Most road safety programs are implemented at a state level by road authorities and few are evidence based or evaluated for effectiveness. A TCR in large scale implementation trials of promising interventions would provide a unique opportunity to build on the limited research in this field to generate high level research evidence to help close the gap for a preventable condition. There is a critical need for research that funds research partnerships between research groups and Aboriginal peak bodies and community organisations to develop and implement innovative road safety programs. Particular areas of need include extension of driver licensing support programs, restraint programs, management of alcohol and drink driving, and novice driver safety. A TCR would generate research that leads to implementation of programs to reduce road crash injury and death, could contribute to significant reductions in this prominent contributor to the gap in Aboriginal and Torres Strait Islander health. The TCR could include opportunities for partnership grants as this would provide significant extra leverage for contribution from State road and health authorities, Indigenous peak bodies, insurance companies and NGOs.
4. How will the TCR reduce the burden of disease on the health system and Australian economy? (200 word maximum): 
Road injury is a highly burdensome, yet preventable condition for Aboriginal and Torres Strait Islander people. By developing better understanding of risk factors and population groups most at risk, and working with Aboriginal communities to develop targeted, culturally appropriate road injury prevention programs, for example to address restraint use, drink driving, and speed, a substantial number of lives could be saved. Research to harness development in technology to aid prevention programs, for example by mobile phone and social media, would also contribute to development of cost effective programs. Licensing programs help Aboriginal people gain and retain a driver licence, contributing to road safety outcomes and also enabling opportunities to access employment, education and health care, as well as reduced incarcerations.[7] Research that addresses inequalities in driver licensing, and road injury, will reduce the years of life lost by Aboriginal and Torres Strait Islander people, reduce the financial burden on the health care system and both financial and social costs to the community.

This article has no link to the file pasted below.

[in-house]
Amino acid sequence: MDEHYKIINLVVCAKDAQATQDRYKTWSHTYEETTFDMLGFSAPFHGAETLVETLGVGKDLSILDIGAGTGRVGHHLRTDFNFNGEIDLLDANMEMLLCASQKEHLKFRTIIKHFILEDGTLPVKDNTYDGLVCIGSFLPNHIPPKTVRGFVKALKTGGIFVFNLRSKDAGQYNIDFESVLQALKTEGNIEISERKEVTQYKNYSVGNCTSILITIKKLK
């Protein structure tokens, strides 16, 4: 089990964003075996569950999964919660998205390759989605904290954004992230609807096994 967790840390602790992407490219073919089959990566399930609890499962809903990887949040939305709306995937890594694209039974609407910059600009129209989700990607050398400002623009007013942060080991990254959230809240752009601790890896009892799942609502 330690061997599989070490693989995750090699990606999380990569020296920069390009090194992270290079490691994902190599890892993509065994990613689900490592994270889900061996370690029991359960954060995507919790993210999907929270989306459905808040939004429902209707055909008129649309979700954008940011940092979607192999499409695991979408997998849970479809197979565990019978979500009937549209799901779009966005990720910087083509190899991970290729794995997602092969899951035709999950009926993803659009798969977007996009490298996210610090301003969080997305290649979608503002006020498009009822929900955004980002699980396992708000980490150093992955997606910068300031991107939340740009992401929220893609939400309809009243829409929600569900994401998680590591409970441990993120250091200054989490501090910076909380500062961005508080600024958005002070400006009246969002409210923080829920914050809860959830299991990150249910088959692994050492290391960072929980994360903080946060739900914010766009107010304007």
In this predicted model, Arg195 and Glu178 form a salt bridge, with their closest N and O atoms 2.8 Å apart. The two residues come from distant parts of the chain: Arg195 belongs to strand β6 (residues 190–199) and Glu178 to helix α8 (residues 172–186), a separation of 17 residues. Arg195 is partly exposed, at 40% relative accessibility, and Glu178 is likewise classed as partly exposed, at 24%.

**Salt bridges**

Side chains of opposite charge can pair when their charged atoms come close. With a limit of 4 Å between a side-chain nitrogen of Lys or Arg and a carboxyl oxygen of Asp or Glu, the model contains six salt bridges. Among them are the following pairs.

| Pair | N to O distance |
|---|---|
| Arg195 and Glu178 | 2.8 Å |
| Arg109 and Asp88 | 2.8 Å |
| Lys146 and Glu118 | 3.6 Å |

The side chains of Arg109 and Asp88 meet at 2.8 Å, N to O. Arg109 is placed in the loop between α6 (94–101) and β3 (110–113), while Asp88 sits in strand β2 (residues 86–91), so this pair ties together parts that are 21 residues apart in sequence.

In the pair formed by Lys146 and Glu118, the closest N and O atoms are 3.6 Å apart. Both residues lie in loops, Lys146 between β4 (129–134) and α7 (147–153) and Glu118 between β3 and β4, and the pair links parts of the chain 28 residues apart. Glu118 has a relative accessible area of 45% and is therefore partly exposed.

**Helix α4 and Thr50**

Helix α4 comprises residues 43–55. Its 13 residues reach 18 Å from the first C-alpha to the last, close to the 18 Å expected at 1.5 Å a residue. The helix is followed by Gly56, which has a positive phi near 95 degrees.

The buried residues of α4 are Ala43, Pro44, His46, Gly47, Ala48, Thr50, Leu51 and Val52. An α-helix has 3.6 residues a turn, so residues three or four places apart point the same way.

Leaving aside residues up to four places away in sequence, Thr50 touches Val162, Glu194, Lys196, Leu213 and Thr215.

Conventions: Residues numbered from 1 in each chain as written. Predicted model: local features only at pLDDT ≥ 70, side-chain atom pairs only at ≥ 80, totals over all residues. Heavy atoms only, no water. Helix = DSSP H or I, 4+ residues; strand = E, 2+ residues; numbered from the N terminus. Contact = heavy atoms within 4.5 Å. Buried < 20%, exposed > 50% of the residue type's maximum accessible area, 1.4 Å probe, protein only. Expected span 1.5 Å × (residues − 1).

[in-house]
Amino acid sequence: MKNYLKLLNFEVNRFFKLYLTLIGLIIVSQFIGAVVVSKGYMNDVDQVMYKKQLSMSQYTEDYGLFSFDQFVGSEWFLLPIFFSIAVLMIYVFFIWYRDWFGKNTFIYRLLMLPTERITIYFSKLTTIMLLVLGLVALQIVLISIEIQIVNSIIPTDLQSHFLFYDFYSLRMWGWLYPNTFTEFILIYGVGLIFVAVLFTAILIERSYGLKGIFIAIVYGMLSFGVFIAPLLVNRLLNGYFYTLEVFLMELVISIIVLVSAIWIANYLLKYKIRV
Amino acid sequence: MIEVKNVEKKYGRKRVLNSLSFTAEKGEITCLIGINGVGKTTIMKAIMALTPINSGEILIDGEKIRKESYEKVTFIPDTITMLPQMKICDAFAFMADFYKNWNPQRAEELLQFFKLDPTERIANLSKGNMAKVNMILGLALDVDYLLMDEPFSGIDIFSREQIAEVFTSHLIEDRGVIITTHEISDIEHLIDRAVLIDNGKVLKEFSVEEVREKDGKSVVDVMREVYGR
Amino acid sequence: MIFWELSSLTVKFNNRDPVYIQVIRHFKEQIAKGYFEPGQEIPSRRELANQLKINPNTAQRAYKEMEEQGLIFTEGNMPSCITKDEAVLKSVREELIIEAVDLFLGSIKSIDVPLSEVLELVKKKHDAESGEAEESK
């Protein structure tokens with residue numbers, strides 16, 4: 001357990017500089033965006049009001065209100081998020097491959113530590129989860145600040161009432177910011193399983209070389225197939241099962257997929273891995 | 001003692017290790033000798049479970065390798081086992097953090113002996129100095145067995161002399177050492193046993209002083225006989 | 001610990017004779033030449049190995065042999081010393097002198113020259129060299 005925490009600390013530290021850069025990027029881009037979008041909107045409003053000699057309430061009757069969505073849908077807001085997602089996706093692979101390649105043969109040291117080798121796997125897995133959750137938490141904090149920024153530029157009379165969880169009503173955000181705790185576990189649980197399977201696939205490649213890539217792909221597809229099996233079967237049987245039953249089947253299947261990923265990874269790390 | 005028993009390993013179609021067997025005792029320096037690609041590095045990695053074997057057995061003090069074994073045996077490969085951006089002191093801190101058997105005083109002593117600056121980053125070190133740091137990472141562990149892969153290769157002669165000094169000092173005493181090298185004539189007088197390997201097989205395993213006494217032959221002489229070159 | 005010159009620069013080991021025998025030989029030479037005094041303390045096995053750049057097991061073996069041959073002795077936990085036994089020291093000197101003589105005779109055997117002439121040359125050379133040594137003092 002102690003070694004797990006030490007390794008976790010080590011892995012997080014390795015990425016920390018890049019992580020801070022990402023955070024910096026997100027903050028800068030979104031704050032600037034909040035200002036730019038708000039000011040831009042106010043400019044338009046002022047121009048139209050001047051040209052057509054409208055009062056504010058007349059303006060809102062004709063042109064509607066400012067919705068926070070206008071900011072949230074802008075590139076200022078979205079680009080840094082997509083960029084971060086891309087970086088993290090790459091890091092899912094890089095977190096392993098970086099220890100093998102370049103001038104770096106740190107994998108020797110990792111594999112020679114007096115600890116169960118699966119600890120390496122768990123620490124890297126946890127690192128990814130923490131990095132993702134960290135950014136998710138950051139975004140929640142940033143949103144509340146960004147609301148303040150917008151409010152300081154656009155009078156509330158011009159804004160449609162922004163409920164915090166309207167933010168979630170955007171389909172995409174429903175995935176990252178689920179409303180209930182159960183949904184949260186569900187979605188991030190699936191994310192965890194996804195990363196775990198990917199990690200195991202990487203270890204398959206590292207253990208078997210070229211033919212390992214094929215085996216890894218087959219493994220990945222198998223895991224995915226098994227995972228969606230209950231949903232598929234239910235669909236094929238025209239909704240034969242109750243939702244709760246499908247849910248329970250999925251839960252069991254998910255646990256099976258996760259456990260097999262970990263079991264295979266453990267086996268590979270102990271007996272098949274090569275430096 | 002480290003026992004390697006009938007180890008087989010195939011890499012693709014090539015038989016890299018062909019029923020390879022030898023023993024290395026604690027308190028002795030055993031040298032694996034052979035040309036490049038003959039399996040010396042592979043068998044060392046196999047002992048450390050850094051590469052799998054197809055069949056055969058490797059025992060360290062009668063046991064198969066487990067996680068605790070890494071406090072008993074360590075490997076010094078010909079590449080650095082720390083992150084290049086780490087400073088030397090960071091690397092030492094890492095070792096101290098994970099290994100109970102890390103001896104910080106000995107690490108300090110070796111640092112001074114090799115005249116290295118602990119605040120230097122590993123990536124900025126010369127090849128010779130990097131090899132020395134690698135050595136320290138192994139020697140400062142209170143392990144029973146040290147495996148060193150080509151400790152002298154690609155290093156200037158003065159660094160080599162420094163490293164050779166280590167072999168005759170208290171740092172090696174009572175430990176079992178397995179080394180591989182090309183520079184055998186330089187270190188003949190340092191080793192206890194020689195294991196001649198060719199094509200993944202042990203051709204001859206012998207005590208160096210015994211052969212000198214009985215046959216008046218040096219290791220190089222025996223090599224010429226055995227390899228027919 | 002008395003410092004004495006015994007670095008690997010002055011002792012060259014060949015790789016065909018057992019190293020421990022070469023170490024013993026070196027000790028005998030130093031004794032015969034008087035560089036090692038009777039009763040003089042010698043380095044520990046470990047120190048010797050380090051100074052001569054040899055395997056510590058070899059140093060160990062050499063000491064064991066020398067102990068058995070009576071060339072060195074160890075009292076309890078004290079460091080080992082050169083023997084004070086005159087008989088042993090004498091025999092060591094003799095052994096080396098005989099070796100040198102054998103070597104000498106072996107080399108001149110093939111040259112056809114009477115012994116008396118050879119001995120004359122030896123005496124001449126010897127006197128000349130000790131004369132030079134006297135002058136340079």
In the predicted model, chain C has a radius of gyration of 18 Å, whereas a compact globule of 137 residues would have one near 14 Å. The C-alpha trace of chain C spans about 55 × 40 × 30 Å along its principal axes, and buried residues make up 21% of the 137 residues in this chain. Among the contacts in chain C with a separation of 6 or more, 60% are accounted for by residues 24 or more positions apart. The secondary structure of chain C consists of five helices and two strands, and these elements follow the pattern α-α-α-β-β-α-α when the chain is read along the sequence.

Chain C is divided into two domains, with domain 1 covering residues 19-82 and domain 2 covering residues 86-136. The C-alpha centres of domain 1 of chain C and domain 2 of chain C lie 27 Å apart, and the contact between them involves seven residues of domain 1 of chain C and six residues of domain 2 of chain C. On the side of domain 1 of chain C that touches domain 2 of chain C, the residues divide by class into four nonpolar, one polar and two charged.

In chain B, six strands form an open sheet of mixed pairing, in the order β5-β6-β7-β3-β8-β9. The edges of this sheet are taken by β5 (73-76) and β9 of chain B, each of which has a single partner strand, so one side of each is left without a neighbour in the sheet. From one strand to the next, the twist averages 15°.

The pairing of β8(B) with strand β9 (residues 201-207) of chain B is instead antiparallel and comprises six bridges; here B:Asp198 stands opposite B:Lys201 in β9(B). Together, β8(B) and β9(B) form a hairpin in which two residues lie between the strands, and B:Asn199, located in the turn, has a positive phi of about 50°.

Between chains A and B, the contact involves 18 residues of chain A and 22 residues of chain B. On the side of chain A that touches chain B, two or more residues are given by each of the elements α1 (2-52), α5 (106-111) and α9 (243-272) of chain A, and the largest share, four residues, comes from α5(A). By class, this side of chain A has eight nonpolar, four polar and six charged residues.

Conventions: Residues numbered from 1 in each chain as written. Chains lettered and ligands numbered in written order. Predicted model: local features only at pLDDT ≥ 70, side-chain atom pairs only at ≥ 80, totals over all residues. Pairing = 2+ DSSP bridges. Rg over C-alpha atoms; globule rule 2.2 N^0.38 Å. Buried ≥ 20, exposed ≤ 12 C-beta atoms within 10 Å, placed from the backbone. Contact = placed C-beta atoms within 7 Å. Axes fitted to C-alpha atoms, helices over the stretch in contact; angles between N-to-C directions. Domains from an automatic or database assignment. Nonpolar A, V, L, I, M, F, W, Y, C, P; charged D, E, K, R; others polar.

5. Are there any reports or findings that support your nomination for the suggested topic? (200 word maximum): 
1. AIHW 2015. Australian Burden of Disease Study: fatal burden of disease in Aboriginal and Torres Strait Islander people 2010. Canberra: AIHW. 2. AIHW 2015. Trends in injury deaths, Australia: 1999–00 to 2009–10. Canberra: AIHW. 3. Ivers R, et al. Collecting measures of Indigenous status in driver licensing data. Australian Epidemiologist 2012; 19.2: 9-10. 4. Ivers R, et al. Indigenous Road Safety: a report to the National Road Safety Council. NRSC, Canberra, October 2011. 5. Cullen P, et al. The program was the solution to the problem’: Process evaluation of a multi-site driver licensing program in remote communities. Journal of Transport & Health. (Epub July 25 2016). 6. Audit Office of NSW. New South Wales Auditor-General’s Report Performance Audit: Improving legal and safe driving among Aboriginal people. Audit Office of NSW, Sydney, 2013. 7. Ivers RQ, et al. Driver licensing: descriptive epidemiology of a social determinant of Aboriginal and Torres Strait Islander Health. Australian and New Zealand Journal of Public Health, 2016 40(4):377-82. 8. Styles TO, Edmonston C (2006) Australian Indigenous road safety: 2005 update. Canberra: Australian Transport Safety Bureau. 9. Australian Transport Safety Bureau (2004) Summary of outcomes from 2004 Indigenous Road Safety Forum. ATSB, Canberra.

Page reviewed: 30 August, 2018